Following a roundtable discussion about what becoming a Canadian means to them, 40 new Canadians stood up to sing O Canada. Lead by a university choir, the singing of the anthem ended a special citizenship ceremony held at Carleton University on April 4.
“This is one example of the beautiful things life sometimes offers to us,” said Raúl Razo-Garcia, a Carleton economics professor who was among those to take the citizenship oath that day, while standing next to his two children. “It was a very special occasion for me and my family because Carleton opened the door for us to Canada. Now, after nine years, we became Canadian citizens at the same institution that hired me.”
The ceremony was one of the ways Carleton is celebrating its 75th anniversary this year as well as to mark the 150 years since Confederation. The University of Calgary and Luther College, federated with the University of Regina, are also set to host their own citizenship ceremonies this summer as part of Canada’s sesquicentennial celebrations.
Hosting a citizenship ceremony is “a fantastic role that universities can play for Canada 150, presenting them as places where everyone is welcome,” said Janis Hass, senior communications specialist at Universities Canada. The association has compiled a list of more than 600 events and activities organized by universities throughout the year to mark the anniversary. Campus events range from lecture series and book launches to art exhibits and musical performances. “As convenors of people and ideas, universities are ideal venues for sesquicentennial celebrations and discussions on Canada’s past and future,” said Ms. Hass.
Some universities are getting rather creative about how to mark the anniversary. As part of LandMarks 2017, for example, faculty members from 16 universities are collaborating with Canadian curators and contemporary artists to develop courses around the role of art in creating cross-cultural dialogue and inclusivity.
At OCAD University, the LandMarks course ran in the winter semester, during which nearly a dozen graduate and undergraduate students of multiple programs went on field trips to public art sites, engaged in discussions about how land embodies national identity, and learned from curators and artists selected as part of this federally funded Canada 150 “signature” project.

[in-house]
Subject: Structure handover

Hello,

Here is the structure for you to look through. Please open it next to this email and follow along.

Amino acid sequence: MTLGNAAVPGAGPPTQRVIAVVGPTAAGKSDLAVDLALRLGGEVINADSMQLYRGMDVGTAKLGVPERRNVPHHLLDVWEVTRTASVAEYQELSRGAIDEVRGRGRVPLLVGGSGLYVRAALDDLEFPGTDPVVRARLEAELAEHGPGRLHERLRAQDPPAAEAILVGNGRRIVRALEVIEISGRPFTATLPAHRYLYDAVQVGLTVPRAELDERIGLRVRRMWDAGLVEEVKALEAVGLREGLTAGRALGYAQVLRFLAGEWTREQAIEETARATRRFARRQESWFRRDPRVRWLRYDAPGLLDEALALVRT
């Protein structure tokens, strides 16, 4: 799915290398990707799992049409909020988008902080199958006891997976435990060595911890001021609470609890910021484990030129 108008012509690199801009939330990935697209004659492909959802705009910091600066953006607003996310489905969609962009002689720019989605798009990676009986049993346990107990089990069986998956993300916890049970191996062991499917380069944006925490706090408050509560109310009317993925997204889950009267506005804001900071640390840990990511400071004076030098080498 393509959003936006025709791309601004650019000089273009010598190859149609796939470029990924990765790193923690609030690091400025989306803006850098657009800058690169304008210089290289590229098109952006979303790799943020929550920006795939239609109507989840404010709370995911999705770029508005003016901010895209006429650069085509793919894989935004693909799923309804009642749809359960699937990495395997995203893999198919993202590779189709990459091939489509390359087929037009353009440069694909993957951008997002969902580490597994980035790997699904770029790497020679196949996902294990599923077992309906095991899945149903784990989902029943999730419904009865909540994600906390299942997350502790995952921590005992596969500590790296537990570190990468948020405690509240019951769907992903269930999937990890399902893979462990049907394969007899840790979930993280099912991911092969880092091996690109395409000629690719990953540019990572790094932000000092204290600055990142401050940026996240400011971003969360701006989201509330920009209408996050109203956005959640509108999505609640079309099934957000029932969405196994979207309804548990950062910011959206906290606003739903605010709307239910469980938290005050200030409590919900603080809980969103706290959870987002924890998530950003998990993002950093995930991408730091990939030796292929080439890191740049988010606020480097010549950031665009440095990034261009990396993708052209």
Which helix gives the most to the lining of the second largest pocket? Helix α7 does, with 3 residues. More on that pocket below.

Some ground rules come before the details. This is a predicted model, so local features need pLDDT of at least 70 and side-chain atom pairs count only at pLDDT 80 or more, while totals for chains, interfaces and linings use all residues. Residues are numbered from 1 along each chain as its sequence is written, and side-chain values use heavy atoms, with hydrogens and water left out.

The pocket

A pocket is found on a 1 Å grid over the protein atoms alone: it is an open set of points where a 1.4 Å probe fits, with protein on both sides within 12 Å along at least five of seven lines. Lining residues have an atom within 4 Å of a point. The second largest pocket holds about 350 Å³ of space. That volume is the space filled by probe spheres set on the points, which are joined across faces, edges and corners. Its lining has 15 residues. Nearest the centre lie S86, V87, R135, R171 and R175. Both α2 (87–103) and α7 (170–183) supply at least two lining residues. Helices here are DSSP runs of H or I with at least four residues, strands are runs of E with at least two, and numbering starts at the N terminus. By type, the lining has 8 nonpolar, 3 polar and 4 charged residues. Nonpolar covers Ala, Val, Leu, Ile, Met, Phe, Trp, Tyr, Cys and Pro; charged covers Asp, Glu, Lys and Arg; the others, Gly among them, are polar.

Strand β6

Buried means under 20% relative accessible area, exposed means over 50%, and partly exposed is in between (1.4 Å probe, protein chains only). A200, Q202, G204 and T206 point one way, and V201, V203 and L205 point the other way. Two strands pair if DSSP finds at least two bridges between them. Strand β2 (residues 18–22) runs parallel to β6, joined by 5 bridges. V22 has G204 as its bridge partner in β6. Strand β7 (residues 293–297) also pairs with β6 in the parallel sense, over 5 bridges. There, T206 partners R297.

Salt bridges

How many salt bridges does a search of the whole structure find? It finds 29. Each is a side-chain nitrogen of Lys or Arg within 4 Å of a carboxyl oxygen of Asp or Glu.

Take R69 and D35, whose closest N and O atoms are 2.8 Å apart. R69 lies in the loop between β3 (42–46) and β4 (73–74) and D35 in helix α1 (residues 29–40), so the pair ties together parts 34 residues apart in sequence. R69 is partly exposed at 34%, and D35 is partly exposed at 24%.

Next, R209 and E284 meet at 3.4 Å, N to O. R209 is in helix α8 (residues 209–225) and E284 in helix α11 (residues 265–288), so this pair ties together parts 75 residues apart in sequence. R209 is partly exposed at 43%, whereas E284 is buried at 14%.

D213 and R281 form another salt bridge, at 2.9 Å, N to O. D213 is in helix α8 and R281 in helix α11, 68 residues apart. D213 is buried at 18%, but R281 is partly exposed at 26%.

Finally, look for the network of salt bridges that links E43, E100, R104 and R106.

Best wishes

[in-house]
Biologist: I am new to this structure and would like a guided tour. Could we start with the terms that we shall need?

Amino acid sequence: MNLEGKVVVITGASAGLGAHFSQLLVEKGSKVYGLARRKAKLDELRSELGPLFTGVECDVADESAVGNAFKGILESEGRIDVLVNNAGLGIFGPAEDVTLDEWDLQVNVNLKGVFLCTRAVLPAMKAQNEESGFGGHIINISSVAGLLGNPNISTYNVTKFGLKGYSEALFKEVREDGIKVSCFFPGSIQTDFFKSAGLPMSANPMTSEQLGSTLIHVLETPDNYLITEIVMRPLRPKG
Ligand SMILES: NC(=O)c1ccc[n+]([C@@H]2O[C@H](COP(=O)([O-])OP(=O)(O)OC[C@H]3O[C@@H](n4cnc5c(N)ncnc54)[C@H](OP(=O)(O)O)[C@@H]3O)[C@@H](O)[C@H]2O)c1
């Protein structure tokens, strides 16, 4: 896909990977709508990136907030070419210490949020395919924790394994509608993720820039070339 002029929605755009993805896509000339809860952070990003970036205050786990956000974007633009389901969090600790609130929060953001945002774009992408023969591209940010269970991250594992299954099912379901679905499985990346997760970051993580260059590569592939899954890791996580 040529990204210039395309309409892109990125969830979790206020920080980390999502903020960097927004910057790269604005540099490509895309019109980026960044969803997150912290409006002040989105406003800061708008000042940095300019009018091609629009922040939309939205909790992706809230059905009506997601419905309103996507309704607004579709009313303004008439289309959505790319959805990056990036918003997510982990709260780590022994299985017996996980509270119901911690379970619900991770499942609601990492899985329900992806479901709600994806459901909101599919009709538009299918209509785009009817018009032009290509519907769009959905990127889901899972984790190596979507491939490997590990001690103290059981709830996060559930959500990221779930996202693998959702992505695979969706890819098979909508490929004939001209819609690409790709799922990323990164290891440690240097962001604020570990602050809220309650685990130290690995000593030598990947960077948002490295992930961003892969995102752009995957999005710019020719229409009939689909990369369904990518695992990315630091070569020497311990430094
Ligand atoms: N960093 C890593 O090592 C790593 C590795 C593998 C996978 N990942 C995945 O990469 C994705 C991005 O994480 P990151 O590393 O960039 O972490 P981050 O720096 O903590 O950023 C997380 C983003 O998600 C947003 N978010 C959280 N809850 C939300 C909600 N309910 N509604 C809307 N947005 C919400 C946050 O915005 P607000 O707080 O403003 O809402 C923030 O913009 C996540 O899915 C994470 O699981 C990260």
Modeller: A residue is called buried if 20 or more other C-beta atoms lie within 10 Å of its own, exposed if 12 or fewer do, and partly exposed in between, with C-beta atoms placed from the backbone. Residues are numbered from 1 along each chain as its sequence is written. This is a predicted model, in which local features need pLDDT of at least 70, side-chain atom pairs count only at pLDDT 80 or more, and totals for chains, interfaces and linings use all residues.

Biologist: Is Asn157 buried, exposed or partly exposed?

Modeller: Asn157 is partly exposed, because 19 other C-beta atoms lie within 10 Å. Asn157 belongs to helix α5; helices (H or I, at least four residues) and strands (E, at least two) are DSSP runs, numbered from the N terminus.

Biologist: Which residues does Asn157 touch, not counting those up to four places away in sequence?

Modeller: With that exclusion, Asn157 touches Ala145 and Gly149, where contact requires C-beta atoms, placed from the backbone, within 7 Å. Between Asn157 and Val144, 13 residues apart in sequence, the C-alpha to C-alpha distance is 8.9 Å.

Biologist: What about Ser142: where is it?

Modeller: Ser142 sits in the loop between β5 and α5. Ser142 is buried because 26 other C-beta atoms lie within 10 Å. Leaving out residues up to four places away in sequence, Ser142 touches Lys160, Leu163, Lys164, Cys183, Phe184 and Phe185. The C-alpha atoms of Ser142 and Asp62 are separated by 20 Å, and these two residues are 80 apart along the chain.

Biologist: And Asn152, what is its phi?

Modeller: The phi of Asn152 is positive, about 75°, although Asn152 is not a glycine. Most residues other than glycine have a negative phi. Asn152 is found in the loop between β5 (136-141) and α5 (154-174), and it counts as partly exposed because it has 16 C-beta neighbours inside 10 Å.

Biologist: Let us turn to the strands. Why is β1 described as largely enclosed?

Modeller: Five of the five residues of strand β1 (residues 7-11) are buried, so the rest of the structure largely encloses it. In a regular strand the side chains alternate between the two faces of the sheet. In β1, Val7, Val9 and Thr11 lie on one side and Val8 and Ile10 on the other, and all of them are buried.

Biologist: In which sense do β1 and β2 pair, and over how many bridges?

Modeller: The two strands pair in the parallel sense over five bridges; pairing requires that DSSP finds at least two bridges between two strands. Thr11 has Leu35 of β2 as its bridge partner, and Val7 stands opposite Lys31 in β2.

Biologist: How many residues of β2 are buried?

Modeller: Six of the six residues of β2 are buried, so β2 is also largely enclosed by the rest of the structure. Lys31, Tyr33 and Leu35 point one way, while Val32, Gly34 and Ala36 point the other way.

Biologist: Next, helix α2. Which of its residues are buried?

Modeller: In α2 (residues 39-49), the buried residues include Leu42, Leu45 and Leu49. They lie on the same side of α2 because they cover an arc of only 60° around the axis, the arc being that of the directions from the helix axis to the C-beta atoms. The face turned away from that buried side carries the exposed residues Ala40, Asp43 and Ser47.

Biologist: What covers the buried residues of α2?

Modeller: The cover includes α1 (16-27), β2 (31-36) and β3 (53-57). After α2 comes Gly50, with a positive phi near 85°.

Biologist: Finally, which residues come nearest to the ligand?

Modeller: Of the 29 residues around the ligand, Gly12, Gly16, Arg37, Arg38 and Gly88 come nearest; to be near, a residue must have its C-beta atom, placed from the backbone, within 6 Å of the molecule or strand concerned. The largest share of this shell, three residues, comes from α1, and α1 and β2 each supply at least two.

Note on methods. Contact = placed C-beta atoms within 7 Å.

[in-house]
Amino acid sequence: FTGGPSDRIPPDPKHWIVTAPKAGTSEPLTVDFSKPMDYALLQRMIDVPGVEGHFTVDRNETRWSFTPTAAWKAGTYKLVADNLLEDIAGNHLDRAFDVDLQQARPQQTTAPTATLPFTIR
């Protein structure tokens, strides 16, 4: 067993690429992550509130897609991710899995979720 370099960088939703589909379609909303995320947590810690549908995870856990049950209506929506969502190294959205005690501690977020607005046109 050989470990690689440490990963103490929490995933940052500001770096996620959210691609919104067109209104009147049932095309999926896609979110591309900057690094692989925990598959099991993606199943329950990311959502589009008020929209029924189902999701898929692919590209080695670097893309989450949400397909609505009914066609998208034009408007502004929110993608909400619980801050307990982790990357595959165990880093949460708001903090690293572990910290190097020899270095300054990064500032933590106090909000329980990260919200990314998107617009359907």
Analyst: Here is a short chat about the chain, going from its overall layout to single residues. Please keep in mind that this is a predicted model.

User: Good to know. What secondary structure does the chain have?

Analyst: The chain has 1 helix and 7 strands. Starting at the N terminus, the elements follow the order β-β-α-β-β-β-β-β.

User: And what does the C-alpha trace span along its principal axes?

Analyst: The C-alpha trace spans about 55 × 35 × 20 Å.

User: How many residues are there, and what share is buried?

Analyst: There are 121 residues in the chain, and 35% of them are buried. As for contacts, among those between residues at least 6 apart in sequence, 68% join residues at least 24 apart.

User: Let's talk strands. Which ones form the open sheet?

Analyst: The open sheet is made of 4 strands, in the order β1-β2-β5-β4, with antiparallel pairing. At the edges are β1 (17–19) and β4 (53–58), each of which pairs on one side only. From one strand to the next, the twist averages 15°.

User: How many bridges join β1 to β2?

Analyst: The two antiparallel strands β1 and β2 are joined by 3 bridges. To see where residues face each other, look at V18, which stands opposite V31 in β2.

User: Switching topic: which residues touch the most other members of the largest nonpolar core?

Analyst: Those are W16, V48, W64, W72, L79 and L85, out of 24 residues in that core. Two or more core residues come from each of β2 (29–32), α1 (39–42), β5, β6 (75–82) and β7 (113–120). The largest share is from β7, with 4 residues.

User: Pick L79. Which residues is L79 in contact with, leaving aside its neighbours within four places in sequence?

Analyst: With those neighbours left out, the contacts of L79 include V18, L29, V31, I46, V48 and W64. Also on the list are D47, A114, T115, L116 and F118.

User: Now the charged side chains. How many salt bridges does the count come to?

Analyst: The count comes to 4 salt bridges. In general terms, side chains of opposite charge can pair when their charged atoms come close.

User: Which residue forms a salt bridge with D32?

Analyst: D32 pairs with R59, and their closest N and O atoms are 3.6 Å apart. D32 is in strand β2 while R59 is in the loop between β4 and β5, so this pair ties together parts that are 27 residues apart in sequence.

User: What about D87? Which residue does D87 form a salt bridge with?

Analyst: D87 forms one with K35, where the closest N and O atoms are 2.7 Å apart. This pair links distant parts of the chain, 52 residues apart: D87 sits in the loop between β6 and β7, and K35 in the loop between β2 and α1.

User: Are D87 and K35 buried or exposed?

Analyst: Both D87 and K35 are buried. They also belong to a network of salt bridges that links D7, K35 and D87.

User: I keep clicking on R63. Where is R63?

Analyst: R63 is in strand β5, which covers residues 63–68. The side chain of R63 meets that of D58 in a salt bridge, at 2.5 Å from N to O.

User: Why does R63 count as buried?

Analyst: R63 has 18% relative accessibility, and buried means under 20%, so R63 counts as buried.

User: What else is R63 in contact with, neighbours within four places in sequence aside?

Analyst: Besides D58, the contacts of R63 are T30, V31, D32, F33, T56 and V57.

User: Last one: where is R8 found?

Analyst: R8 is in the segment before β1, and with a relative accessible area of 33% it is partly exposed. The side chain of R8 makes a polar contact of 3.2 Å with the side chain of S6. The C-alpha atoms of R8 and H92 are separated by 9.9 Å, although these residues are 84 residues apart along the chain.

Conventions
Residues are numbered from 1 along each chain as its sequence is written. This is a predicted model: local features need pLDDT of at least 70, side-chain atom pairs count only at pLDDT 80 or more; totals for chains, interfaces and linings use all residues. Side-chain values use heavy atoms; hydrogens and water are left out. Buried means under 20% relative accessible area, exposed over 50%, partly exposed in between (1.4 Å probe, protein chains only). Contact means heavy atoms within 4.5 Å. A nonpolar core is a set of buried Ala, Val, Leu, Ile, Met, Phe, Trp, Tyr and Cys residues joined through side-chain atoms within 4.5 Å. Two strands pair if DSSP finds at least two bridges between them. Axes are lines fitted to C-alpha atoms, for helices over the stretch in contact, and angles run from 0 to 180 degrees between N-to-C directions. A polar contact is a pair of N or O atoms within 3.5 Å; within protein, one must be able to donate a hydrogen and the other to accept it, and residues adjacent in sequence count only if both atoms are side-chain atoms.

“What we were trying to do is basically ask students to consider what are the stories that we tell about ourselves through land,” said Min Sook Lee, one of the OCAD U faculty members who developed the course. “For us it was really an opportune time to think about the history of colonialism and the very idea of Canada itself, established through many untold histories.”
After completing the course in April, students were scheduled to spend the next couple of months creating their own art pieces and performances that will be showcased this summer at the Rouge National Urban Park east of downtown Toronto. This display will be one of a series of contemporary art works by Canadian curators, artists and students installed around national parks and historic sites from June 10 to 25.
While some events aim to deepen people’s connection to the land, others intended to explore the relationships on which this land was built. The University of Victoria held a symposium in February where Indigenous elders translated original B.C. treaties into local Indigenous languages for the first time. After the event, which was held in collaboration with the Songhees First Nation, the university presented the translated treaties to the Royal BC Museum to be kept alongside the English versions.
The importance of the event “is huge and symbolic,” said John Lutz, chair of the history department at UVic and one of the symposium organizers. “[It] alerts us to the fact that these were two alien cultures who had alien interpretations and there was undoubtedly huge misunderstandings built into those negotiations.”
Dr. Lutz added: “I think the 150th anniversary is an opportunity to look forward and say we’ve come some distance from where we were in the 19th century, but we’re still a long way away from having a Canada where First Nations can prosper and be proud and have the same level of success as all other Canadians. And that should be our commitment for the next 50 years.”
The Social Sciences and Humanities Research Council funded the event as part of its Connecting for Canada’s 150th grant series. Among the 51 other events funded was a conference co-hosted by McGill University and Université Laval in March, where panelists assessed the history of the Canadian federal system.
The grant series is intended to stimulate celebrations on university campuses across Canada, said Crystal Sissons, acting manager of SSHRC’s research grants and partnerships division. “Our diverse past will inform some of these projects as they explore where we have been and why, while others will use this history as a catalyst to examine and assess our present and future situations as we look towards the next 150 years of Canadian history.”